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in spite of thunder

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By the time the fragments numbered in the hundreds, there were things Rika understood.

Instances meeting like constellations. Beautiful pictures, terrible pictures. Turning gears.

By the time the fragments numbered in the thousands, her heart was no longer soft. And by the time they numbered in the tens of thousands, feeling was a miraculous thing, a flower in a drought, and she understood love and fear only through the scenery they existed within.



Evening casts its cloak over another Watanagashi. The stall lights bob in the darkness. The warmth of day dampens, but doesn’t leave the air.

She pays little attention when Keiichi and Mion slip away. She pays little to anything, these days.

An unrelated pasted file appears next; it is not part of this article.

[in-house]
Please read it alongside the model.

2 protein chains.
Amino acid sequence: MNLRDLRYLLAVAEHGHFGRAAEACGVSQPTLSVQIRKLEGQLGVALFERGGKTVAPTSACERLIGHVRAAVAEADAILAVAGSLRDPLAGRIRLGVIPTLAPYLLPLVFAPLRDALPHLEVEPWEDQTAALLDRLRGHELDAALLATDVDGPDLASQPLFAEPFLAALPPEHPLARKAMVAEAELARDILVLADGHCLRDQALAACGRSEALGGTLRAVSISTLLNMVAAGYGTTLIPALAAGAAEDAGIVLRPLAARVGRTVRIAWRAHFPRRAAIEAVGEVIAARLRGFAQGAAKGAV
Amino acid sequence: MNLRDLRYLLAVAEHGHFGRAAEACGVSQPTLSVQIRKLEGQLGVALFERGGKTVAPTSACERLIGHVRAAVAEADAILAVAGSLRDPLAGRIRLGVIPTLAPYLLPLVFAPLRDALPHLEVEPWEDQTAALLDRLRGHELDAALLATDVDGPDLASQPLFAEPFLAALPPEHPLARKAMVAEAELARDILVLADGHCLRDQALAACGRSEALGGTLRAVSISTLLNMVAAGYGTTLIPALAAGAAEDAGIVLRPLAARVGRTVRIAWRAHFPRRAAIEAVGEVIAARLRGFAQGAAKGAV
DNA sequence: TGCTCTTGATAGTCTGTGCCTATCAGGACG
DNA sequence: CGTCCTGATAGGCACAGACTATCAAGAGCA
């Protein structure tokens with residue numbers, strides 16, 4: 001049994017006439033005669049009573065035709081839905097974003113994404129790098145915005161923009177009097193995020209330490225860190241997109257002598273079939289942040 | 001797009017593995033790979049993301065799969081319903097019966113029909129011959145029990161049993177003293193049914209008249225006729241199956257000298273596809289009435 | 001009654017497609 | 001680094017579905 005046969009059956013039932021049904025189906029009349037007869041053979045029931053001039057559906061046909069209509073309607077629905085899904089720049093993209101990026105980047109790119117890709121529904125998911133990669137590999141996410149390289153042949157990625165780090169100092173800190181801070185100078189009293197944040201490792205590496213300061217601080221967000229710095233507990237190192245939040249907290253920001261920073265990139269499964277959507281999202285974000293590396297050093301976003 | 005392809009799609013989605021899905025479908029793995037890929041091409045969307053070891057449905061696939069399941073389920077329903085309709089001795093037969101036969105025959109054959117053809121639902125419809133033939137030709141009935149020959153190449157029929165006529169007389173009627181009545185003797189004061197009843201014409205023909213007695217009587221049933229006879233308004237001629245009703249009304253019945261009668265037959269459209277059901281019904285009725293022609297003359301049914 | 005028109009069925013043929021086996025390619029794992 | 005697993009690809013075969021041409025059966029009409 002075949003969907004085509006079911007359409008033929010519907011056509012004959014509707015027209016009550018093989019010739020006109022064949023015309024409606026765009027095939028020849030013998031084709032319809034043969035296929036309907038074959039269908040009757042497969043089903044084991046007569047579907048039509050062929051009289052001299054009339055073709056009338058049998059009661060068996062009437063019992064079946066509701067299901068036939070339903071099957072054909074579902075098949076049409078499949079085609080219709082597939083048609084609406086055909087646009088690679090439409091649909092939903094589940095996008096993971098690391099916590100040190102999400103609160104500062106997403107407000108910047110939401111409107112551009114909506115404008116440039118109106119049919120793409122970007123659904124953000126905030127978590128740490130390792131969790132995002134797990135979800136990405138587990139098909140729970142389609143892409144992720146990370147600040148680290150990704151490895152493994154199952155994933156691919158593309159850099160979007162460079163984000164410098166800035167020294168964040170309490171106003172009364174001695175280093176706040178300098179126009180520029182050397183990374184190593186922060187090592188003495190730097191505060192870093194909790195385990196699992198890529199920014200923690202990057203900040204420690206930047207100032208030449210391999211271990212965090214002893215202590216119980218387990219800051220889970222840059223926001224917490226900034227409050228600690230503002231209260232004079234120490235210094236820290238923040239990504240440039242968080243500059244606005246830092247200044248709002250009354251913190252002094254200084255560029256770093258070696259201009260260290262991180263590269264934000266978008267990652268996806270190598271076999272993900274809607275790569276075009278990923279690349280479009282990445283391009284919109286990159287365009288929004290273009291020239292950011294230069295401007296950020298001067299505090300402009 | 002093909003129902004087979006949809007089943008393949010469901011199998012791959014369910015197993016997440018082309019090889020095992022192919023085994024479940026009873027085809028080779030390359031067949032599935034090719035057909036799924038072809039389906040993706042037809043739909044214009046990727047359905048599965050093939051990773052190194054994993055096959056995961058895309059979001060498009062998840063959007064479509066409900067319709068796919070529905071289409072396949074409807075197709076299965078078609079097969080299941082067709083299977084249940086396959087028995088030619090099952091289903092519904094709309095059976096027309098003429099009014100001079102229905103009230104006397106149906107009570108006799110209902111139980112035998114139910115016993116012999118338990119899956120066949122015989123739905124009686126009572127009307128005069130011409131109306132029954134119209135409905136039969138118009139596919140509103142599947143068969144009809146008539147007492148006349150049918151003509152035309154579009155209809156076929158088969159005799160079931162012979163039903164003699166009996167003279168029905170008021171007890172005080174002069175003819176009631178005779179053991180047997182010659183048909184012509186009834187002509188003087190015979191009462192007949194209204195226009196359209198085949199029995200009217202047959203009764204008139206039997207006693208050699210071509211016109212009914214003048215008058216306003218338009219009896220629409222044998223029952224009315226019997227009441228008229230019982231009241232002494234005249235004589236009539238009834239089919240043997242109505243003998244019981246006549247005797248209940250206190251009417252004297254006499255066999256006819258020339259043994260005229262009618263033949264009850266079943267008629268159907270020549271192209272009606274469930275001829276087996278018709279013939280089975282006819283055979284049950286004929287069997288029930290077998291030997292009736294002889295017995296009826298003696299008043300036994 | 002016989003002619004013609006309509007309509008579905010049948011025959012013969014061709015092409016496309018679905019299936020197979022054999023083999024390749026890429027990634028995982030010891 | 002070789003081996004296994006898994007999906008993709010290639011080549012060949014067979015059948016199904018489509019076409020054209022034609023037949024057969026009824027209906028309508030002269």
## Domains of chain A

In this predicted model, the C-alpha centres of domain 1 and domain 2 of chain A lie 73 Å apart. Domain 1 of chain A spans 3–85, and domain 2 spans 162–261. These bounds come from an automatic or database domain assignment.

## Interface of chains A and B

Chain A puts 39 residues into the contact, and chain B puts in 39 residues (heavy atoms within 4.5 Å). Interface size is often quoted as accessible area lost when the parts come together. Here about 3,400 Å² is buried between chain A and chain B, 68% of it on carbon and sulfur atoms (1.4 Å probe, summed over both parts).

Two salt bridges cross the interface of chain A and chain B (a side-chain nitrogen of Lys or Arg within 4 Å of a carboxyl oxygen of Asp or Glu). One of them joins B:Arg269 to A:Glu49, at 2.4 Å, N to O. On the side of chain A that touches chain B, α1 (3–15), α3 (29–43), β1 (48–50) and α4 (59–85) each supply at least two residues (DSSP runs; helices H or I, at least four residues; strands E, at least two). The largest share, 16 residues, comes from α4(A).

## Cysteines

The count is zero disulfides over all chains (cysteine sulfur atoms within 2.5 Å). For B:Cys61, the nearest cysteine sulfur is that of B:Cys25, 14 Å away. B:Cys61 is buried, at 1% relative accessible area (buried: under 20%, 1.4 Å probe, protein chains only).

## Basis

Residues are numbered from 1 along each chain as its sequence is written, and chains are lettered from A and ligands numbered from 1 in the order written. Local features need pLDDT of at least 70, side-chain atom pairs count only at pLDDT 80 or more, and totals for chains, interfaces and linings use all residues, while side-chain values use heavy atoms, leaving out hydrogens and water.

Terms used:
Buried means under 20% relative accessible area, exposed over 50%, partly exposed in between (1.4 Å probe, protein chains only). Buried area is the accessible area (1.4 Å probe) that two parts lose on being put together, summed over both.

Heavy robes, dark rooms. A fire in the mountains. Flesh under fingernails.


Sometimes Hanyuu would still cry at what was coming.


A weighted sleep. She supposed that even if she were granted dreams, the knife would cut through those, too. She felt it, cold in her stomach, often the last thing she knew.


Still, the worlds differed. The ways in which they did, she couldn’t afford not to notice.

It was just that by this point she felt like a student falling asleep in class as a teacher somewhere droned on about equations she was sick of trying to decipher.


She sensed rather than thought, these days. She knew her friends. What would’ve been infinitesimal shifts to some made her feel seasick.


Have you heard of the form of torture where water is left to drip onto your forehead until you lose your mind?